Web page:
It's been a while since watching something made my blood boil for 2 hours straight.
Eight philosophers - Cornel West, Avital Ronell, Peter Singer, Kwame Anthony Appiah, Martha Nussbaum, Michael Hardt, Slavoj Zizek and Judith Butler - ruminate upon the ethics of consumption, identity issues vis-à-vis cosmopolitanism, revolution, democracy, ecology, bodily difference, music and the underlying teleological impulse that unites all these varying avenues of inquiry within the life of the mind.
A Brighter Summer Day was the first Taiwanese film I had ever seen and it had left me floored, back at a time when I was wholly ignorant of its history and culture. As I watched more and more Taiwanese cinema, this one film kept echoing and reverberating through my memory, somehow only growing in stature.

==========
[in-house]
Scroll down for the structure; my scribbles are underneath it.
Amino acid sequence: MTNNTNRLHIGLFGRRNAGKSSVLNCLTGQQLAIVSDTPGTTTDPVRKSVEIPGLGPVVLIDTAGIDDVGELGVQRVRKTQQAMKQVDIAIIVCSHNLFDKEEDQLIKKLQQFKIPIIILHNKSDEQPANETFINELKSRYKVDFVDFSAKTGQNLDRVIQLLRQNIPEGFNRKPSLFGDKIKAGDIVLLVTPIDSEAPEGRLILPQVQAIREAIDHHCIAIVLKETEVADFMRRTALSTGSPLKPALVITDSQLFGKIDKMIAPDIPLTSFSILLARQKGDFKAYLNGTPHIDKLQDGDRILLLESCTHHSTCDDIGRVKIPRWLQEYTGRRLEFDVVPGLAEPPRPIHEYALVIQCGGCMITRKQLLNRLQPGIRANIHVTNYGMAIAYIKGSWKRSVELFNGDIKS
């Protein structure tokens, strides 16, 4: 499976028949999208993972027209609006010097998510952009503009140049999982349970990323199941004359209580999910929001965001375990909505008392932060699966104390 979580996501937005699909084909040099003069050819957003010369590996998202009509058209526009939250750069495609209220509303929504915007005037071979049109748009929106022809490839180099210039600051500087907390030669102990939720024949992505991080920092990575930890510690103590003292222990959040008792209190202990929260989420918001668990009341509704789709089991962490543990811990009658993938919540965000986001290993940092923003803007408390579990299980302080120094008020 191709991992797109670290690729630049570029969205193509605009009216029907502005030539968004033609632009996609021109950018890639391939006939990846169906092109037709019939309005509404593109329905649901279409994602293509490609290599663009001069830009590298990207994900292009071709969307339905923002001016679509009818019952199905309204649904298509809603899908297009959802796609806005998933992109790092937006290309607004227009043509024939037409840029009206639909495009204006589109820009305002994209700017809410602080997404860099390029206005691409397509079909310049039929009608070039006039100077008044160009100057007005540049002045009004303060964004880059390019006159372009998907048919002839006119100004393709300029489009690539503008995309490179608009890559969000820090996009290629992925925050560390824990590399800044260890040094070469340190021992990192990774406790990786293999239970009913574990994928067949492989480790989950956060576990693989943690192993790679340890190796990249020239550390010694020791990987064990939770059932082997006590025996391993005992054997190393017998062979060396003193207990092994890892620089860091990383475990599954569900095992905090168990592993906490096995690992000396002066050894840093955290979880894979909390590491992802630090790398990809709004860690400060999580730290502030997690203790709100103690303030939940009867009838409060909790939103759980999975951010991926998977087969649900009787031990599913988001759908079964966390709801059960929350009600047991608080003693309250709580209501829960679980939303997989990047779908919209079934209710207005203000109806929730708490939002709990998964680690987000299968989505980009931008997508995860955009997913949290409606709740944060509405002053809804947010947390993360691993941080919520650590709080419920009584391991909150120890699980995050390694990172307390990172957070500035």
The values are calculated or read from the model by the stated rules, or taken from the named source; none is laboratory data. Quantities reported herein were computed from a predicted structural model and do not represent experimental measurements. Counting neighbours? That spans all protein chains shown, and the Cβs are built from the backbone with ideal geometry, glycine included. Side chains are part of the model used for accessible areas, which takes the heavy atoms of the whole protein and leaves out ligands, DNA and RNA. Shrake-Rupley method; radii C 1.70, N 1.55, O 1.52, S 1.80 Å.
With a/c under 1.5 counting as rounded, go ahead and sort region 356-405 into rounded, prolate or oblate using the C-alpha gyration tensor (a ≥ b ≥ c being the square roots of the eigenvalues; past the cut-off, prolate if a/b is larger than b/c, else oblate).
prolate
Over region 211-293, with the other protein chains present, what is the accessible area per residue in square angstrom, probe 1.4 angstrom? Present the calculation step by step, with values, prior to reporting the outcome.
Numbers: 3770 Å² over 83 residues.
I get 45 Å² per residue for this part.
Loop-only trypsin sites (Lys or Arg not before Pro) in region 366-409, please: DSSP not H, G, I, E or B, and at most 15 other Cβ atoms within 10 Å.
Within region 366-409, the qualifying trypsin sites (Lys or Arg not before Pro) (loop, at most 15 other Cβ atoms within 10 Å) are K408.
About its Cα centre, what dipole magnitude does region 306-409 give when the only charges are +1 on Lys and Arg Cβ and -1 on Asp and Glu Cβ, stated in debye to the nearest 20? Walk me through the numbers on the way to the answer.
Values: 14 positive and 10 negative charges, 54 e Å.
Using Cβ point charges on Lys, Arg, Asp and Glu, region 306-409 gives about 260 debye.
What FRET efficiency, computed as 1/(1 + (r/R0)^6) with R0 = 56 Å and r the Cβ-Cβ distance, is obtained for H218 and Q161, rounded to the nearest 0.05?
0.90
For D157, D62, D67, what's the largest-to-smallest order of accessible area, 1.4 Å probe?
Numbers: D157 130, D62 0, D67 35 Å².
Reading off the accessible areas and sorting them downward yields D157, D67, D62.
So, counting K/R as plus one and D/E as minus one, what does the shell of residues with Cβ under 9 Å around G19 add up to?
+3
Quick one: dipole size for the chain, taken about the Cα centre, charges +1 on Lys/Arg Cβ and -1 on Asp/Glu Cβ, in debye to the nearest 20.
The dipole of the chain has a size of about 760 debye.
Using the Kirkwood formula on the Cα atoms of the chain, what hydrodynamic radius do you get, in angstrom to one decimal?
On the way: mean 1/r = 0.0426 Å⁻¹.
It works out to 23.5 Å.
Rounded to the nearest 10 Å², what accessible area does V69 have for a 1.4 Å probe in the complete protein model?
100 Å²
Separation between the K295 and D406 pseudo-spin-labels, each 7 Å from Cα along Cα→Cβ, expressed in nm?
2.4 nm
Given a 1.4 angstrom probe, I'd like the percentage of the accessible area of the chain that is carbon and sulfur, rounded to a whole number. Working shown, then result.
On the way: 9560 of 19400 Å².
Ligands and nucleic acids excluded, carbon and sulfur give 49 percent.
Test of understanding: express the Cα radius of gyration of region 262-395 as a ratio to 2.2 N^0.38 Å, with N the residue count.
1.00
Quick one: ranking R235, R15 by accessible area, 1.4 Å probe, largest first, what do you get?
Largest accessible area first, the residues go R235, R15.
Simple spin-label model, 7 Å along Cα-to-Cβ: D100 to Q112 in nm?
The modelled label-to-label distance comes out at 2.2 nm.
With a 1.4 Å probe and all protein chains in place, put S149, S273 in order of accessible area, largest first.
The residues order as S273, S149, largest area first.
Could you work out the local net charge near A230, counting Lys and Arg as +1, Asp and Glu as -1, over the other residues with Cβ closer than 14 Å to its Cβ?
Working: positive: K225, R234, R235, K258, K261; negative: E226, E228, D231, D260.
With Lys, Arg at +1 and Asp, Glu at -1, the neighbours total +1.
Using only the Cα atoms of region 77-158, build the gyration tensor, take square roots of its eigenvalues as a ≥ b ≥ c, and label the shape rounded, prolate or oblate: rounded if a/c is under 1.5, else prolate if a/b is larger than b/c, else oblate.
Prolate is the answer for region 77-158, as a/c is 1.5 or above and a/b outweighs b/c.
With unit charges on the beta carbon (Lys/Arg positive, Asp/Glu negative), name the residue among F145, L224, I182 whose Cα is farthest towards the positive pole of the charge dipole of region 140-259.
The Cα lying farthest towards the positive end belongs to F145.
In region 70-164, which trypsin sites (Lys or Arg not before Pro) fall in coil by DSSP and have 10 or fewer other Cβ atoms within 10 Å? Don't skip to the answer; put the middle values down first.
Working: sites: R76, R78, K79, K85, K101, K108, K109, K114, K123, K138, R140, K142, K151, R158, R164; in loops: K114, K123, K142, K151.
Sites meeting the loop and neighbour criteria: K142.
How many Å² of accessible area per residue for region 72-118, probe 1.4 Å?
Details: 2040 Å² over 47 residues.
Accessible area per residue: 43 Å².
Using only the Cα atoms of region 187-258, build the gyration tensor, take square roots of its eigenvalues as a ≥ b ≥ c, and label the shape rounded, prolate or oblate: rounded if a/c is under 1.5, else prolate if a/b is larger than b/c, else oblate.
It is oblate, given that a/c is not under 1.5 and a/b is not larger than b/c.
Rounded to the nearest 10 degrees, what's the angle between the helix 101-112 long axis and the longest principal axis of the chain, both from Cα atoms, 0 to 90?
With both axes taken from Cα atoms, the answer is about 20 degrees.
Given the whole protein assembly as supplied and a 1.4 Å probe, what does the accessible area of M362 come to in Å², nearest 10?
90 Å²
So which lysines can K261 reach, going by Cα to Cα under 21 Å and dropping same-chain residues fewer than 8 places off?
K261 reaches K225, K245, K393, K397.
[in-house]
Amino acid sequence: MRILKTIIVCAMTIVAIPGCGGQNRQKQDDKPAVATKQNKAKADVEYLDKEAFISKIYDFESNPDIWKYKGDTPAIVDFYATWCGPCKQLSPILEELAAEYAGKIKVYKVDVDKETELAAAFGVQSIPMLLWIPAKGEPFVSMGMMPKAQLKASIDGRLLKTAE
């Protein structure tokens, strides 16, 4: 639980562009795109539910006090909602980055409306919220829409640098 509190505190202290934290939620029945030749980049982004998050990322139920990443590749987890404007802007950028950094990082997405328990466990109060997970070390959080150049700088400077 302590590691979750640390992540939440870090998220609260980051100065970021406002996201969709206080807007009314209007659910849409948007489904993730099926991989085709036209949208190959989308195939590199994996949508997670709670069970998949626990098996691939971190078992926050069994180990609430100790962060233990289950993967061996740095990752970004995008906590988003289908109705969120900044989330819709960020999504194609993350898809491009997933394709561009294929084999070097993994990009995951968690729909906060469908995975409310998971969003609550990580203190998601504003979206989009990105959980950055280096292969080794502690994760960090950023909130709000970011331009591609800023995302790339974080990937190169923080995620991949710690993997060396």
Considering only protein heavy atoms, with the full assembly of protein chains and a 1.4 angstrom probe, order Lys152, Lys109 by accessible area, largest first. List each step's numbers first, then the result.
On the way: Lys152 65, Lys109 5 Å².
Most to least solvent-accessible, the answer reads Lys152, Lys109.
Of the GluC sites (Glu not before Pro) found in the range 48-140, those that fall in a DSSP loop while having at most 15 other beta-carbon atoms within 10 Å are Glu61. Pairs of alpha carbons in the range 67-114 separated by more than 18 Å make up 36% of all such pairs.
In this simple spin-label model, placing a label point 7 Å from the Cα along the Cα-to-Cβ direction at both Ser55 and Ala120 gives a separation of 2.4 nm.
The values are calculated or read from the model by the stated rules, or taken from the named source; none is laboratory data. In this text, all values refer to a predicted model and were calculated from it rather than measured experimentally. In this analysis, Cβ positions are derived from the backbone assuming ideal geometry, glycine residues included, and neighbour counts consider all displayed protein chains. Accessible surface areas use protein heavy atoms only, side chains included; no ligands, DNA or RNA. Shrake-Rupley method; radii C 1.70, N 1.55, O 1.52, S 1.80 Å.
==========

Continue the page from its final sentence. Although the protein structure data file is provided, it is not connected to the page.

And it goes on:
About six months later, I decided to finally put my thoughts in writing, and come to terms with how I feel about this…
Filmed over a span of 10 years, running over a period of 10 hours, illuminating the unseen face of a nation spread across its past, present and projected future, this is Evolution of a Filipino Family. This is Lav Diaz. This is cinema at its most potent, mined to its extremes and exploited like never before, fixing a hard gaze on the neglected and abused―the lowest strata of civilized society―like nothing has ever dared to.
Even if the film…